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“Thanks so much for your letter. I am very glad to hear you have a novel that will be out in November. I hope you won’t have as much trouble about keeping people from having parties for you as I am having. Around here if you publish the number of whiskers on the local pigs, everybody has to give you a tea. If you don’t send me a copy of your book, I will go to the extreme of buying one.”

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source: letter to Robie Macauley, May 2, 1952, in The Habit of Being: The Letters of Flannery O’Connor, ed. by Sally Fitzgerald (New York: Farrar, Straus and Giroux, 1979), 35.

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medium: Letter

“It’s better, I think, for readers not to communicate too directly with an author because the author is, strangely enough, beside the point.”

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source: “A Note from Jeffrey Eugenides to Readers,” author’s Facebook page, November 3, 2011.

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medium: social media

“‘Authorship’—in the sense we know it today, individual intellectual effort related to the book as an economic commodity—was practically unknown before the advent of print technology. Medieval scholars were indifferent to the precise identity of the ‘books’ they studied. In turn, they rarely signed even what was clearly their own work. They were a humble service organization. Procuring texts was often a very tedious and time-consuming task. Many small texts were transmitted into volumes of miscellaneous content, very much like ‘jottings’ in a scrapbook, and, in this transmission, authorship was often lost.”


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source: The Medium is the Massage (New York: Touchstone, 1967), 122.

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medium: Nonfiction

notes: Marshall McLuhan and graphic designer Quentin Fiore co-created this book and Jerome Agel “produced” it. More info about the publishing arrangement here

“The great thing about writing a book is that it brings you into contact with people whose opinions you should have canvassed before you ever pressed pen to paper. They write to you. They telephone you. They come to your bookstore events and give you things to read that you should have read already. It’s this dialectical process that makes me glad I chose the profession I did: a free education that goes on for a lifetime.”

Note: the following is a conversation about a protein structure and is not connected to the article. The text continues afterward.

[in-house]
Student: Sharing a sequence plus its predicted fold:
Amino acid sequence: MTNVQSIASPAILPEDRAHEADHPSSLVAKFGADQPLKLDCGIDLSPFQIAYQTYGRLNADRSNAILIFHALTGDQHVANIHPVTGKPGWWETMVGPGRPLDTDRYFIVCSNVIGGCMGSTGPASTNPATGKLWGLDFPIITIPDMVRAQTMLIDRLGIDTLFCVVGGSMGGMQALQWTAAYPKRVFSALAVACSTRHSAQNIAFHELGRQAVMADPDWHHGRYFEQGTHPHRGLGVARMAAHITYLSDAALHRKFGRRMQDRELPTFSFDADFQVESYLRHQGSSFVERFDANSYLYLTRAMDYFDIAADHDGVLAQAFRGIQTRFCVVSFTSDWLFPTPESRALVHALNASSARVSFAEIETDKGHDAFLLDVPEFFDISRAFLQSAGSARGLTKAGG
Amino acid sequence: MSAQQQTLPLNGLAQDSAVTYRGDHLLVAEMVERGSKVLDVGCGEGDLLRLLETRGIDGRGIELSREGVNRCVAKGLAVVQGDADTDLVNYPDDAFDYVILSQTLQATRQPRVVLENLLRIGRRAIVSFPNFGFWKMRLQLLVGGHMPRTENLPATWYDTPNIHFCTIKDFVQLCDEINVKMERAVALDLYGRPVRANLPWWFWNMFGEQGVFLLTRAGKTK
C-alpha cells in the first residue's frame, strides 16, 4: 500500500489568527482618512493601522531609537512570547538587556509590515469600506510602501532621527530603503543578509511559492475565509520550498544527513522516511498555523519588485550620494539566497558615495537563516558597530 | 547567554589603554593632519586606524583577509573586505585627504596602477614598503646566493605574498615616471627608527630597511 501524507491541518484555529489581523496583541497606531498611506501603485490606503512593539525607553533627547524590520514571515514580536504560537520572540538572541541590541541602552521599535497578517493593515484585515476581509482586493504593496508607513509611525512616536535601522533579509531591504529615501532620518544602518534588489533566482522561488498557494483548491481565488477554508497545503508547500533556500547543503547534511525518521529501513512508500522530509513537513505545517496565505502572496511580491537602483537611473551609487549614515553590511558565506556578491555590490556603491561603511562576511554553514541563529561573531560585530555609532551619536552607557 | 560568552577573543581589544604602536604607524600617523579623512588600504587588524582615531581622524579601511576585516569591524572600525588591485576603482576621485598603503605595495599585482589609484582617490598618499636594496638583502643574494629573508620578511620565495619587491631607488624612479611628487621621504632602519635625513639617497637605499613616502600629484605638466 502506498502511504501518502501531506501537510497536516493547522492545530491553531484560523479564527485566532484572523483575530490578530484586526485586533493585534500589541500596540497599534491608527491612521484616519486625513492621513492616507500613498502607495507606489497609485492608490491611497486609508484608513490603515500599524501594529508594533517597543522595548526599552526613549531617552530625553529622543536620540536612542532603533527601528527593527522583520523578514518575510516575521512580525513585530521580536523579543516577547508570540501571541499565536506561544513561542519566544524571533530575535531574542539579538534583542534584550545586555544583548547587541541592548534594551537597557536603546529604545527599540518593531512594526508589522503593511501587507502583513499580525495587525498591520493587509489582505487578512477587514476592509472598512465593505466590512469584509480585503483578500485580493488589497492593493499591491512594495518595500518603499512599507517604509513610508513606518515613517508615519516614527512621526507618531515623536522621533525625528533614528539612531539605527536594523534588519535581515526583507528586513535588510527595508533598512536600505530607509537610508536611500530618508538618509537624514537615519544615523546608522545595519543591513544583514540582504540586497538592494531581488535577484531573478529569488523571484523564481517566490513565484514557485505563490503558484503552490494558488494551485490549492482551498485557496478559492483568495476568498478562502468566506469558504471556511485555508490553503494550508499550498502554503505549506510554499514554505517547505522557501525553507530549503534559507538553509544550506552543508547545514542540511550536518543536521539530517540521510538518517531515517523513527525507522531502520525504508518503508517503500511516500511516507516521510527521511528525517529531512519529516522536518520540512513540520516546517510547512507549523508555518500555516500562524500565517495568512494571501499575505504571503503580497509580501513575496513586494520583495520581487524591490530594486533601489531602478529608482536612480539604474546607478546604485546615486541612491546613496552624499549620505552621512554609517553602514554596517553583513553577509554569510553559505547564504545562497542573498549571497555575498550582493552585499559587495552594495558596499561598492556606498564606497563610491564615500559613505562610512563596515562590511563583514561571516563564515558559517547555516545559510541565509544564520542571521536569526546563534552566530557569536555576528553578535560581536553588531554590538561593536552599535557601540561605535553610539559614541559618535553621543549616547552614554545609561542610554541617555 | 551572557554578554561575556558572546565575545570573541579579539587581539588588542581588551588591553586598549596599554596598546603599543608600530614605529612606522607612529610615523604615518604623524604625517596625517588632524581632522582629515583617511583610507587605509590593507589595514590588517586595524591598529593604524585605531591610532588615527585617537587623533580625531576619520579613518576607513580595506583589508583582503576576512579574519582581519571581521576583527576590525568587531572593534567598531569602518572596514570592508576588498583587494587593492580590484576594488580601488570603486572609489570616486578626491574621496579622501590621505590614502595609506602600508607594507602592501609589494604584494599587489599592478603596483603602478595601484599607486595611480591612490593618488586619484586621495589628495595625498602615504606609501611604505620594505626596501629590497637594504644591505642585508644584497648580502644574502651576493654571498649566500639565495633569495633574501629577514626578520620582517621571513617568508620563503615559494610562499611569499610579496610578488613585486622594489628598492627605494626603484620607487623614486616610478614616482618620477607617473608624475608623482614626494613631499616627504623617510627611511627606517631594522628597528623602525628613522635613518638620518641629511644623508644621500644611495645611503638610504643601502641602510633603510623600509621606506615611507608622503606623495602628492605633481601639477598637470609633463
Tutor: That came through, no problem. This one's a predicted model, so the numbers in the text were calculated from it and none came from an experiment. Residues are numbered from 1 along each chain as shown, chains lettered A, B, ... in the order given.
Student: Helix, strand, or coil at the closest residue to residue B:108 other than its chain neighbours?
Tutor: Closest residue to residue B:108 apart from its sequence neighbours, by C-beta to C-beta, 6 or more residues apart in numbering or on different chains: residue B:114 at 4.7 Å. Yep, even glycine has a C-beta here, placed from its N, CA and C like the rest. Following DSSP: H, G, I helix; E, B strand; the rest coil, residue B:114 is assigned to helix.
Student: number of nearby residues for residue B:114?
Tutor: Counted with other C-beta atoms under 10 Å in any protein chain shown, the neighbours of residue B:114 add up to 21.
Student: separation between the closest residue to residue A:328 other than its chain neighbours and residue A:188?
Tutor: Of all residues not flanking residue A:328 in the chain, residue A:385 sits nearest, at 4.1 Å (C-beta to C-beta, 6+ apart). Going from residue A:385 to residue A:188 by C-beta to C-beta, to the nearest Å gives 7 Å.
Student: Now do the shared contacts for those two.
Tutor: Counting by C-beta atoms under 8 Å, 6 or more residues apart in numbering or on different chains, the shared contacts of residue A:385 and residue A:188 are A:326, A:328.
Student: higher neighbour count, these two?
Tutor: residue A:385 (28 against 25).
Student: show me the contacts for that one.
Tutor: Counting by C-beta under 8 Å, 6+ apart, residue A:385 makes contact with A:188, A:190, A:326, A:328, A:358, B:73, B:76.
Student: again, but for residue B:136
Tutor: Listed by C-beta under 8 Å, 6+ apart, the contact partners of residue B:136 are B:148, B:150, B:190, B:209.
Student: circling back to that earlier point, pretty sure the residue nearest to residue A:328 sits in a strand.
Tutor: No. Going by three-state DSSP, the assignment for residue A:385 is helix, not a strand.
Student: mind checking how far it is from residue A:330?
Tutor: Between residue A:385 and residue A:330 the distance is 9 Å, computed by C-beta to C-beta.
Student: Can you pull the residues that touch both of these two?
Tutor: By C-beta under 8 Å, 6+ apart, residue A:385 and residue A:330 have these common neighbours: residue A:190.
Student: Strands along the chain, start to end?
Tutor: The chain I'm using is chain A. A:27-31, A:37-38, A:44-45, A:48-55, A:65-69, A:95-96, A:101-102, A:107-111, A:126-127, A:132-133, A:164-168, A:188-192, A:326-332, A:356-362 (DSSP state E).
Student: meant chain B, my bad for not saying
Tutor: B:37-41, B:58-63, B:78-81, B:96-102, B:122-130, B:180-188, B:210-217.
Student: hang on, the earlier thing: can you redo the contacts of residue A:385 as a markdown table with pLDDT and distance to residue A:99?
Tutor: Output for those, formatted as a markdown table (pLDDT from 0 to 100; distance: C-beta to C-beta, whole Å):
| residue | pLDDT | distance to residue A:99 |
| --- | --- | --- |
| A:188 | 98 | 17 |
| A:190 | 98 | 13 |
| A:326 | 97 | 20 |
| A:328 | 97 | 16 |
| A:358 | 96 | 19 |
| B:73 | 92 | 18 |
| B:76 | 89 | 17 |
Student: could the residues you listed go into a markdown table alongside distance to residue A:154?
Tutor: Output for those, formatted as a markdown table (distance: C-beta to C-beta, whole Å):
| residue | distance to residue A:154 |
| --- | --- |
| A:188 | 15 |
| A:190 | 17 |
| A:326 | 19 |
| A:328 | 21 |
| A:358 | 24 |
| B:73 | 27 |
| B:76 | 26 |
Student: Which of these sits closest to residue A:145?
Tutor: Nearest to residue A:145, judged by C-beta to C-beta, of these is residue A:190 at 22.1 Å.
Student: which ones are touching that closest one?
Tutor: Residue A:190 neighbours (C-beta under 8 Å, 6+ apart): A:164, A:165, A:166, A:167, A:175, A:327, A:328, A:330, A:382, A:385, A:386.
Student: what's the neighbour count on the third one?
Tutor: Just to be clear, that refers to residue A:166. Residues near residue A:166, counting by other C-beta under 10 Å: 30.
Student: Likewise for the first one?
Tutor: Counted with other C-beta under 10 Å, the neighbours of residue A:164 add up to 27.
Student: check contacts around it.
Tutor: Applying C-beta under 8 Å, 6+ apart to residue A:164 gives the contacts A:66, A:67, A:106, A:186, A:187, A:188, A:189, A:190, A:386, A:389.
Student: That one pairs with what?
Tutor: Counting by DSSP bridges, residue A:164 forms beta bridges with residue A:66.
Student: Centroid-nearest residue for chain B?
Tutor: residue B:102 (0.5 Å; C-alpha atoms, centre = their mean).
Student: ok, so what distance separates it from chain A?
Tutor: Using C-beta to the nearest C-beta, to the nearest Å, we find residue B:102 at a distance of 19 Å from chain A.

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source: “Finding Morals Under Empty Heavens,” Science & Spirit, July/August 2007.

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medium: Essay

“As part of my research for An Anthology of Authors’ Atrocity Stories About Publishers, I conducted a study (employing my usual controls) that showed the average shelf life of a trade book to be somewhere between milk and yogurt.”

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source: “Publisher’s Lunch,” in Uncivil Liberties (New Haven: Ticknor & Friends, 1982), 22.

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medium: magazine column

notes: originally published in Trillin's "Uncivil Liberties" column in The Nation, June 24, 1978.

“The first book is always the most fun, because when you write your first book you’re just a writer. Then you get published. Then you become an author, and once you’re an author the whole thing changes. You have a track record. You have a public. A certain literary persona. You can become very self-conscious and start to compete with yourself. No fun at all.”

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source: The Paris Review Interviews, vol. I (New York: Picador, 2006), 383.

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medium: interview

notes: Originally published in Issue 138 of The Paris Review, 1996.

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